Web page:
During this same semester, I found out that there was a way to get into the basketball venue aside from the designated entrance. A group of friends invited me to get into the men’s restroom of the venue through a window. J So I did. I did not know how I did it, but I climbed up the wall, entered the open window, climbed down et voila! I was in the venue. I know it was stupid, but I am glad I did those stupid things then. J I think we finished third that year.
So what is it about UAAP basketball that made me do those inane things? PUSO. UAAP players play with so much heart. They sacrifice their bodies to get rebounds, dive on the floor to retain/gain possession and play with so much passion from the opening jump ball until the buzzer signals the end of the 40-minute match. Their spirits remain unbroken after a 25-point defeat, and they remain grounded after a streak of wins.
The fans also contribute to the great atmosphere of any UAAP game. I know that during game days, I have to wear my school colors, sometimes I have to paint my face with them. I know my school’s cheer by heart. I memorize each gesture, when to shout “DE-FENSE” and when to chant “Shoot that ball!”. I also know how to spell blue and eagle. I even know how to say chants whose words I do not understand. At the end of any game, I also know how to clap for our players and our rivals for the good game regardless of result. I know how to sing for Mary, when to sing louder (win or lose, it’s the school we choose) and when to show the #1 finger.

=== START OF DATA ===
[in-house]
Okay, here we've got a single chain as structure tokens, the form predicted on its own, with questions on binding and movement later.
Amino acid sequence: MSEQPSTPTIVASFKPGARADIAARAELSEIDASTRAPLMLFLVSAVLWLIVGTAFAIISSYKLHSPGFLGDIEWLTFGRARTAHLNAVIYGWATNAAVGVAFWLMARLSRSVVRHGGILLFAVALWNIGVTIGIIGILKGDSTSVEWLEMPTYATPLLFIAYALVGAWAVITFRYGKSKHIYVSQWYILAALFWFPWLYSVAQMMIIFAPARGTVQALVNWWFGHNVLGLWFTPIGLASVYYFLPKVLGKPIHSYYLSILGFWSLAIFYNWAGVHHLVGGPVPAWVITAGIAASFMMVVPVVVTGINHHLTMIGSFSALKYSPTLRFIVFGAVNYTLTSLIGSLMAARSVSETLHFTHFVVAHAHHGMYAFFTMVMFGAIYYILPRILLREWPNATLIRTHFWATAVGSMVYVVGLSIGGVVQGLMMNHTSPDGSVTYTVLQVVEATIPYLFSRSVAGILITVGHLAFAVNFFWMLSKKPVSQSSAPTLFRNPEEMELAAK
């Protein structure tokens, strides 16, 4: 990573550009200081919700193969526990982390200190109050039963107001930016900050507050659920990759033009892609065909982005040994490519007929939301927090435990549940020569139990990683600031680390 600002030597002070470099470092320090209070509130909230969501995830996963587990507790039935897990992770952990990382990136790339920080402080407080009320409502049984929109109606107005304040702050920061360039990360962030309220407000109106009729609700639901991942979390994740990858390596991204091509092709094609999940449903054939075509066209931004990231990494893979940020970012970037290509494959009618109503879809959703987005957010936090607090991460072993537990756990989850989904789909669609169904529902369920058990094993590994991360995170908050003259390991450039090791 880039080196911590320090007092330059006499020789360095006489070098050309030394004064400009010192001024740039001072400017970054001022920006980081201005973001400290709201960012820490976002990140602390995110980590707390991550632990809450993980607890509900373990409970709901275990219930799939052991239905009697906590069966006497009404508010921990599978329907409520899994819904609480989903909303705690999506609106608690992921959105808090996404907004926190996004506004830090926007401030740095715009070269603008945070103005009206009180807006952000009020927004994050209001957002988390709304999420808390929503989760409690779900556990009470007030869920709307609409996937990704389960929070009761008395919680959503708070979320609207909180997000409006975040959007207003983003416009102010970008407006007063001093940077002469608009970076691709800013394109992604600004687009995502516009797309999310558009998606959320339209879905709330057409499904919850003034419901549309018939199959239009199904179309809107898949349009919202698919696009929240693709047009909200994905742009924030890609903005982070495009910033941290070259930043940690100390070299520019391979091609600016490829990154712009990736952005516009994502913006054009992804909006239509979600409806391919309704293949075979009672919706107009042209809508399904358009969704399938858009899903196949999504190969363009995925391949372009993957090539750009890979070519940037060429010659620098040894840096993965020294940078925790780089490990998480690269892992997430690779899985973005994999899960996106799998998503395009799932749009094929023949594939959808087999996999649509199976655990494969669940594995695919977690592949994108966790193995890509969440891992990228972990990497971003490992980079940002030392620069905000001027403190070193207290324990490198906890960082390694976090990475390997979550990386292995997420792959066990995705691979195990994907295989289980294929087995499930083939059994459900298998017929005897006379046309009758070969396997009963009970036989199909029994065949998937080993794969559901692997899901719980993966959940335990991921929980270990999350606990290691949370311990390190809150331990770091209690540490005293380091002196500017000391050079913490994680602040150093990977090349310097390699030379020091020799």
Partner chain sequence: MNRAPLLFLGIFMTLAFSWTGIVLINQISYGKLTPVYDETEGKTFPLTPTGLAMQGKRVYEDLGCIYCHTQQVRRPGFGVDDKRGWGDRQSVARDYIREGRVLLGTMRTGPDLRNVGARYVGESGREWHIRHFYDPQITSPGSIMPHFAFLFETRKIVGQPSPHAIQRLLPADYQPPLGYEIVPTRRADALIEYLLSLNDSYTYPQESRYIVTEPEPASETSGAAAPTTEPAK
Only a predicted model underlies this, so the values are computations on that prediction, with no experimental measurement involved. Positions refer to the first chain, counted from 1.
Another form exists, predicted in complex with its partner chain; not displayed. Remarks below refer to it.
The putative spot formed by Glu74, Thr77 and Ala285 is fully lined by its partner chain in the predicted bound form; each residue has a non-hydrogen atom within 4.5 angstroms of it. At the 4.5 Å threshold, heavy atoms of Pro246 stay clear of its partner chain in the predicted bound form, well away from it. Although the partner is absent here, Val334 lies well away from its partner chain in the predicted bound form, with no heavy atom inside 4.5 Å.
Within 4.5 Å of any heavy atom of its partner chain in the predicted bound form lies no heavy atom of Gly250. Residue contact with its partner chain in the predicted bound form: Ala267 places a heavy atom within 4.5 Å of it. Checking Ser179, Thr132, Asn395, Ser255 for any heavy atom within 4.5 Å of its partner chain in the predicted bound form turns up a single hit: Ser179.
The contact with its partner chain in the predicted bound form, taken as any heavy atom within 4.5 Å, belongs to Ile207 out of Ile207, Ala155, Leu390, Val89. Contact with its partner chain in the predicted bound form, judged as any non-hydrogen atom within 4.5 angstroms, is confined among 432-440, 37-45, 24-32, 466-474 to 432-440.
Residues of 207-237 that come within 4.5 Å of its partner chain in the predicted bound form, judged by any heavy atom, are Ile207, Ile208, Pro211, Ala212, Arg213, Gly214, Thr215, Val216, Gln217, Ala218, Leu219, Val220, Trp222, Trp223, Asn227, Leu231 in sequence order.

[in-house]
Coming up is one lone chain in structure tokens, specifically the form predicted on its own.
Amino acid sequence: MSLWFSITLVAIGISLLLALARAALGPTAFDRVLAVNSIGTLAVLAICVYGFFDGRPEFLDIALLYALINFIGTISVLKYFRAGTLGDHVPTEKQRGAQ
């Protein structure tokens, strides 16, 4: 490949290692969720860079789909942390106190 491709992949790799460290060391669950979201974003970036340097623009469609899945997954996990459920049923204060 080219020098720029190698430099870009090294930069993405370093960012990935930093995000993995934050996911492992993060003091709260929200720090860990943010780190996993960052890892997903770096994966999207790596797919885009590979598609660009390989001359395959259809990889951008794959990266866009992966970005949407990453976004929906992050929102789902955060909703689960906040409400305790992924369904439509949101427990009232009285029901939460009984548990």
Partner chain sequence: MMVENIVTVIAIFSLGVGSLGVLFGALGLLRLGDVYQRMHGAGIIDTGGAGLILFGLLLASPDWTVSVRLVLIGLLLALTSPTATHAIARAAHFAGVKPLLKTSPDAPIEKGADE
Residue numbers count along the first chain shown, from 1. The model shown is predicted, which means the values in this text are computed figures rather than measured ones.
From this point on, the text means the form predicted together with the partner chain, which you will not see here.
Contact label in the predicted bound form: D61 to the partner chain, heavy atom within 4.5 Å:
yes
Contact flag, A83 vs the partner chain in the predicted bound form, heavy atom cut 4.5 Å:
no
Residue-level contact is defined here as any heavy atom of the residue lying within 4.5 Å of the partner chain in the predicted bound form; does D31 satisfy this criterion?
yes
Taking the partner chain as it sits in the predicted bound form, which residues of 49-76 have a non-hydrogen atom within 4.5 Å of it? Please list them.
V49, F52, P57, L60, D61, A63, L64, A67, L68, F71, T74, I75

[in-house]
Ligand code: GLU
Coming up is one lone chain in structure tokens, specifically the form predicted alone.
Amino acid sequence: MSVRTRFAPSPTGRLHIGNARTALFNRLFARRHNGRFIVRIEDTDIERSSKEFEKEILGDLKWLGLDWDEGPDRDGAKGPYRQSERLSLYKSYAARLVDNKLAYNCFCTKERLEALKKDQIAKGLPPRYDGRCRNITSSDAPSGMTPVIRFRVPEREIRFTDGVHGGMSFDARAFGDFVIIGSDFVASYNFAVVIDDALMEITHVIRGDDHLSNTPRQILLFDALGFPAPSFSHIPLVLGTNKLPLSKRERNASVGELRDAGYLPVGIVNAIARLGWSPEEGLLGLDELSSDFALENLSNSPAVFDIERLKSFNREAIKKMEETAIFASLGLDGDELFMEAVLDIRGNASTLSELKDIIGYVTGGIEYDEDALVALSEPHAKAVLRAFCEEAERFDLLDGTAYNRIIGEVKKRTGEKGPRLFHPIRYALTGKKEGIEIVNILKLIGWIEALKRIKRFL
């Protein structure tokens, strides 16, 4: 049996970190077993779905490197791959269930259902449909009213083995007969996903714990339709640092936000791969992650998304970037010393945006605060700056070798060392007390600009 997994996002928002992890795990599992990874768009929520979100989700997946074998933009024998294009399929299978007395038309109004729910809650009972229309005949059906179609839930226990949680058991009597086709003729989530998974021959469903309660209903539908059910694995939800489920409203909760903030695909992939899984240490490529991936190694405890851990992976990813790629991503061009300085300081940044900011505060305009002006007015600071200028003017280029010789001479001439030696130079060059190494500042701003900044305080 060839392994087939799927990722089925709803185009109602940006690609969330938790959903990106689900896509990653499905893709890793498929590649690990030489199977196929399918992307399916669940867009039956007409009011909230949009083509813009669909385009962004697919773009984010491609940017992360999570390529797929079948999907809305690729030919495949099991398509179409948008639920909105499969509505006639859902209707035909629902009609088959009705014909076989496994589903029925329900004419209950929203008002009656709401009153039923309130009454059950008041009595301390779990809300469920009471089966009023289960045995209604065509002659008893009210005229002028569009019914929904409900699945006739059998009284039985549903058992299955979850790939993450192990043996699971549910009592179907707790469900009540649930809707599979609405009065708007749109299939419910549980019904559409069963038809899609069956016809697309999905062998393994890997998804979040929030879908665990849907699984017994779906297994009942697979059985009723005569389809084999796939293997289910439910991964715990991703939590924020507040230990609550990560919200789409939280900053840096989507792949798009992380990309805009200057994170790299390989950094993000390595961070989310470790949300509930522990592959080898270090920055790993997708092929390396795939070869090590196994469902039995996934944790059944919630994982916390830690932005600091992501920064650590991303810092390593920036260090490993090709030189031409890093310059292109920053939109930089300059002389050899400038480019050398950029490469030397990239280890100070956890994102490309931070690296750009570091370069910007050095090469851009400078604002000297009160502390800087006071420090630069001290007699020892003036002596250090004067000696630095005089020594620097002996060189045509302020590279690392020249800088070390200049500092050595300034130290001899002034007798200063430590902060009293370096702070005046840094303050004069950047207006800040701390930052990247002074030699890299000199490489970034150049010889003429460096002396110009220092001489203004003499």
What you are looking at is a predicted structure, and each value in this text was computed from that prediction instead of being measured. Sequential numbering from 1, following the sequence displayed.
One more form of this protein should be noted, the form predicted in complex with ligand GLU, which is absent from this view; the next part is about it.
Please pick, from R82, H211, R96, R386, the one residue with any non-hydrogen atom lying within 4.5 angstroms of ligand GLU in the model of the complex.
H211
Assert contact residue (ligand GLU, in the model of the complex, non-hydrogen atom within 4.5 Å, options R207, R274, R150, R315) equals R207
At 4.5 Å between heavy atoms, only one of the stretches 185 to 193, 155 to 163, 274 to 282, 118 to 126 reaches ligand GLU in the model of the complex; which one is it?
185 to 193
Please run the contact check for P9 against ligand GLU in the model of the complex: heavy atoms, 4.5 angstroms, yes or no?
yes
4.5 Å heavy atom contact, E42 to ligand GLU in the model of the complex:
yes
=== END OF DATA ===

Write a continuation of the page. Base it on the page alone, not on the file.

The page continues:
Four years of not watching any UAAP game live ended on Sunday. It was a double header that featured Adamson Falcons vs La Salle Green Archers in the first game and UP Fighting Maroons vs FEU Tamaraws in the second. I almost forgot how great and nostalgic it was. Climbing the stairs of Araneta Coliseum brought back memories of mostly gut-wrenching defeats and a handful of victories I witnessed. As soon as I entered Upper Box A, I felt a sense of lightness. I knew that I would enjoy the games, mostly because my school team was not involved. Hehehe.
The games were similar to the ones I witnessed in my freshman year: energetic players with the vibrancy of youth, the faces of basketball stars in the 90s flashed on the huge screens (some were spectators but most were part of the coaching staff), overzealous fans of all ages, cheerful cheerleaders, and the iconic sounds of the UAAP – the beating of the drums that come from the General Admission area.
What touched my heart was the never-give-up attitude of Adamson Falcons (versus La Salle Green Archers) and UP Fighting Maroons (versus FEU Tamaraws) even when they were in the hole for more than a dozen points with less than a minute left to play. One Fighting Maroon beat his chest a couple of times when he made a two-point field goal, it was something primal yet it encapsulated everything that a UAAP game represents: it was all about pride and heart. The players are not fighting for the names on their back, but for the name on their chest – the name of their school. And this is the best any fan could hope for from any sport idol.
The Green Archers won over the Falcons, 88-71. For their own matchup, FEU won over UP, 75-58. The two teams I cheered for that afternoon lost. With this dismal statistics (albeit a small sample size), it might be a while before I cheer for my own team. 🙂
Thank you, Jun for the almost three quarters of shouting, jumping up and down and fist-pumping. Thank you, Mar for the analytical side of the game.